Why did your smartphone crash in the middle of that important phone call? It might have been an aging or overheated component. Or maybe you unknowingly damaged a critical component in the phone’s processor when you dropped it recently, which caused the entire system to randomly restart.
When that processor is in your smartphone, the worst result is a few moments of frustration. If it had been in your vehicle’s adaptive cruise control system, then the consequences could have been much more serious.
"All electronic components will fail at some point in time – that’s just a fact of life," said Bharat Rajaram, whose job as director of functional safety at our company is to anticipate all the ways this might happen with our components. "And these days we see a greater prevalence of electrical components performing critical functions – from fluid level monitoring in chemical plants to autonomous vehicle navigation and aircraft lift control."
Since there’s not much an electrical engineer can do to stop time from passing, how do we help equip system designers who are using our components ensure random events don’t put lives in danger? And, given that there are so many things that can go wrong with an electronic component, why don’t the systems around us fail more often?
Preparing for all eventualities
The answer, says Miro Adzan, general manager for advanced driver assistance systems at our company, is functional safety.
“You can’t prevent random faults from happening, so functional safety involves building monitoring and mitigating safety mechanisms into a system to address them," Miro said. “A functional safety mechanism might involve constantly monitoring the braking signal in your car to check that it doesn’t deviate from the expected range. If it does deviate, the safety mechanism can flag that something might be going wrong and needs to be checked."
Functional safety concerns also appear throughout the home and workplace. If you’ve ever noticed your phone turning off because you left it in the sun, then you’ve benefitted from a functional safety mechanism that might have prevented a potential battery fire. Or, if you’ve ever worked near a robotic arm without a physical safety barrier, then you might thank the invisible work of radar sensors set up to help prevent it from swinging into you.
To anticipate these potential hazards, a system’s electrical design engineer must understand all the possible causes of these dangerous failures at the circuit level, their likelihood of occurrence, and how to reduce risk to acceptable level by implementing integrated circuits (ICs) that support functional safety. For the simpler ICs among our Functional Safety-Capable products, such as low dropout (LDO) regulators and thermistors, we equip engineers with information to incorporate them into functionally safe systems and to analyze the design. For more complex components among our Functional Safety Quality-Managed and Functional Safety-Compliant products that incorporate a range of safety mechanisms into the IC itself, we specify their diagnostic coverage in a failure modes effects and diagnostics analysis (FMEDA).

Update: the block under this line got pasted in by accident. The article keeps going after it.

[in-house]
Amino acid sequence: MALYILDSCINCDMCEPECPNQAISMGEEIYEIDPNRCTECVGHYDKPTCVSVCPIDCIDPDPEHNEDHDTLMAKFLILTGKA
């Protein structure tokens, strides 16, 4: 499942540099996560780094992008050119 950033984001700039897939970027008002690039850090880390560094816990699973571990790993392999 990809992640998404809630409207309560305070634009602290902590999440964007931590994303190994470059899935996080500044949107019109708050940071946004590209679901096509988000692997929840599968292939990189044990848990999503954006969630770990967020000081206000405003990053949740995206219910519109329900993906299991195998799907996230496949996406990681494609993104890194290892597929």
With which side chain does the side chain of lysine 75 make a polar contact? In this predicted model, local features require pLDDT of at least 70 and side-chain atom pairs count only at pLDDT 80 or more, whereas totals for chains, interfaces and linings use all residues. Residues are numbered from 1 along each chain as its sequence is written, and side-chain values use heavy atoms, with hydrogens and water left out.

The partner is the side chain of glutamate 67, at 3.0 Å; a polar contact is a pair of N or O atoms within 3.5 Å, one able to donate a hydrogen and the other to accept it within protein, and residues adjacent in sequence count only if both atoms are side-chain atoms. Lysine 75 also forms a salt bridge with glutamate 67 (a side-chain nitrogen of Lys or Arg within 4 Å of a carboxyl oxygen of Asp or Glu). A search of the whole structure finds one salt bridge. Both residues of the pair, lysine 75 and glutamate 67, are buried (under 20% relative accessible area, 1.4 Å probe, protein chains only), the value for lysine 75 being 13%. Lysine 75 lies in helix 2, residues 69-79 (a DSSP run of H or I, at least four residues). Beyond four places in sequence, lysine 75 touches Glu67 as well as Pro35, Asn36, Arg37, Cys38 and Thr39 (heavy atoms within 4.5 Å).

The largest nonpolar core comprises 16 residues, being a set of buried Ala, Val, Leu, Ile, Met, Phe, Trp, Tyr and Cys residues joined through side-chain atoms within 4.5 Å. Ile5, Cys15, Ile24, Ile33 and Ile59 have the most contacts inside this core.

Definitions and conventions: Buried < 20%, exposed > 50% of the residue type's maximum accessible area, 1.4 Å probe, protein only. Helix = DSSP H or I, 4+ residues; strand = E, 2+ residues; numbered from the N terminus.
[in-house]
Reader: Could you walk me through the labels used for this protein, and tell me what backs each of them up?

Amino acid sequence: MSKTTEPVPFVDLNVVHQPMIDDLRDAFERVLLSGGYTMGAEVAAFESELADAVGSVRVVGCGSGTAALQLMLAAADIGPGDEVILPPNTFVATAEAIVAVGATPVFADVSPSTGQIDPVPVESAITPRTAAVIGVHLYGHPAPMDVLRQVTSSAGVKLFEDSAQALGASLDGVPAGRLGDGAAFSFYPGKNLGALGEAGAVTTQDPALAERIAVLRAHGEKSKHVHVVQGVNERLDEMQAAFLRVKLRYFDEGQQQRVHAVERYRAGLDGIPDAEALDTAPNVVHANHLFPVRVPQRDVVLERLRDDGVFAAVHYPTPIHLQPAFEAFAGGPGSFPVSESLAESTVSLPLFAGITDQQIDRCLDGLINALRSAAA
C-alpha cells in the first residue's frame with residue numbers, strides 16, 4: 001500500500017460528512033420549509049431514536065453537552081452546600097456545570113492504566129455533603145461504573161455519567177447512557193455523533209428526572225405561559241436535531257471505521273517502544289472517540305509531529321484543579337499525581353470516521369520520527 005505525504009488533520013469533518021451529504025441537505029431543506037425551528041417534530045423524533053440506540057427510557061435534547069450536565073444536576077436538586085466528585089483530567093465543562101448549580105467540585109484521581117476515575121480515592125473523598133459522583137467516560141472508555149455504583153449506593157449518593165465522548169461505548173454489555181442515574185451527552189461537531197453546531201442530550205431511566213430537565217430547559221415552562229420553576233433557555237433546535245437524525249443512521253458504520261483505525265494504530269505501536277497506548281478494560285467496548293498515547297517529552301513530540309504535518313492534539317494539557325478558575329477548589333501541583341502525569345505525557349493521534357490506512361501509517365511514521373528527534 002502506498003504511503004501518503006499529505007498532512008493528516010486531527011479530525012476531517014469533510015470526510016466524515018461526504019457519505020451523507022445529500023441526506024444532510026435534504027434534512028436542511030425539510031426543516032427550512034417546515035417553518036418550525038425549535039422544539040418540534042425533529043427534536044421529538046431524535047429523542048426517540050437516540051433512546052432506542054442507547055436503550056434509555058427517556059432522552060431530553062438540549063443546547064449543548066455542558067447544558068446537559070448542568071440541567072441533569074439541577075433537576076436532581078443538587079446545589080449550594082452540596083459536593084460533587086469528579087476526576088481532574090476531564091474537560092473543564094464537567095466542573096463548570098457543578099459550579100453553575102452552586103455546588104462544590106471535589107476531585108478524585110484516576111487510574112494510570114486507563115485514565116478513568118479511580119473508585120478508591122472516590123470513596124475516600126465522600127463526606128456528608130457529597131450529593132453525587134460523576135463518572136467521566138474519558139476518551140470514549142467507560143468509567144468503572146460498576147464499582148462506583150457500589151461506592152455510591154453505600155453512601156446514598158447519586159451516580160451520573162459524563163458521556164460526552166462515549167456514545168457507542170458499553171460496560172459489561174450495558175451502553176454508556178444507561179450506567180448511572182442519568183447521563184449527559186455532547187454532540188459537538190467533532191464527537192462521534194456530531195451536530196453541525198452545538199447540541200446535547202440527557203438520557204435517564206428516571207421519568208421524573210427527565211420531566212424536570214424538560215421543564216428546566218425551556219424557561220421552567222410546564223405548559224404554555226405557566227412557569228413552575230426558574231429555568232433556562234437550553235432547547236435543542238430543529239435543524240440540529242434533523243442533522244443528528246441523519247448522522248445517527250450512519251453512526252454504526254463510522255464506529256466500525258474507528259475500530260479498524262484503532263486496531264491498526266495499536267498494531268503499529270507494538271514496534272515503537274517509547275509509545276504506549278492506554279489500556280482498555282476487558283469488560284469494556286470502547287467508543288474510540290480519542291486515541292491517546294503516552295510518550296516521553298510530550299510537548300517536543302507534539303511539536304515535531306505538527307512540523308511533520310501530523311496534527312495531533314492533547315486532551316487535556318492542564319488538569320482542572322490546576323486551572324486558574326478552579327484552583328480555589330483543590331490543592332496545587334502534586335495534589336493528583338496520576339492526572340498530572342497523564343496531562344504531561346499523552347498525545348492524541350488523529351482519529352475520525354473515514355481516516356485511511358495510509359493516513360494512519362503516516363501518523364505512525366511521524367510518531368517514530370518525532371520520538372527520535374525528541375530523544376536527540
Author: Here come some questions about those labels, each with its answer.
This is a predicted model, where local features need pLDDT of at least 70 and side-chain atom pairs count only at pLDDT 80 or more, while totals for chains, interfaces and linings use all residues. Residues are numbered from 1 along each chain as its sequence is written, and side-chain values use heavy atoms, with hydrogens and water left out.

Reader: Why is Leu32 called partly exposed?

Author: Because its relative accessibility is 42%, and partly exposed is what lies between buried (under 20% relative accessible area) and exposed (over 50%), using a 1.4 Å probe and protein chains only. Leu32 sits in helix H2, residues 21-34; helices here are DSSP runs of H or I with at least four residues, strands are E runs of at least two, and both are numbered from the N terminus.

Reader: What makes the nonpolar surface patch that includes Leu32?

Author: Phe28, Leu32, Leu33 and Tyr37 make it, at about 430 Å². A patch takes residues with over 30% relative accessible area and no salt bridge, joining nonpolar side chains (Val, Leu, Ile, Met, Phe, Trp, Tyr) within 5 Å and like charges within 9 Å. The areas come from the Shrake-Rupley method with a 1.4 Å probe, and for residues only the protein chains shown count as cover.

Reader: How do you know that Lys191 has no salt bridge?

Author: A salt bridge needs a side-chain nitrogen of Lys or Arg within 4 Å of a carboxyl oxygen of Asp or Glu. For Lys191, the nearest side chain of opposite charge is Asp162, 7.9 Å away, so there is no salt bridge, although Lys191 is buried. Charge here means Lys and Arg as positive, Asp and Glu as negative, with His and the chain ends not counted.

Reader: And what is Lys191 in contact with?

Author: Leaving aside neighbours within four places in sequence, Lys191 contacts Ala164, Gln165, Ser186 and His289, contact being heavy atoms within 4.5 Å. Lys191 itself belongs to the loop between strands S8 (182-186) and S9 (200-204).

For example, our multi-channel power management ICs monitor voltage rails for deviations. You might find these in any type of electronic system, from controlling a human-robot collaboration system in your workplace to managing the battery of your electric car.
Preventing systematic failures
Preparing for random events is only half the battle in ensuring a product meets functional safety requirements, however. The other source of risk is systematic failures in the development process itself.
During the development process, all our products undergo a rigorous company-wide, quality-managed development workflow. Furthermore, our most complex Functional Safety-Compliant devices incorporate specific systematic capability compliance recommendations based on the functional safety standard developed by the International Electrotechnical Commission (IEC 61508) and the automotive-specific functional safety standard of the International Organization for Standardization (ISO 26262), both developed with our support.
Additionally, our functional safety development process has been independently certified by the technical inspection agency Technischer Überwachungsverein (TÜV) SÜD to further demonstrate that all the recommendations have been met.
All of which means that if on your way home from work you turn on an automatic cruise control that uses one of our Jacinto™ processors, you can rest assured that the system of sensors, software, actuators on the processor and all of its safety features have been independently assessed and verified.
Anticipating future risk
These standards have changed the way the industry thinks about designing existing systems – such as taillights and infotainment systems – in a functionally safe manner. But that doesn’t mean the job is done.
“People now appreciate the importance of functional safety," said Bharat, who is currently working with the IEC to revise its general functional safety standard. "But as we continue to proliferate the deployment of electronic and programmable systems to various critical applications, we need to help continuously update these standards as the state of the art continues to change."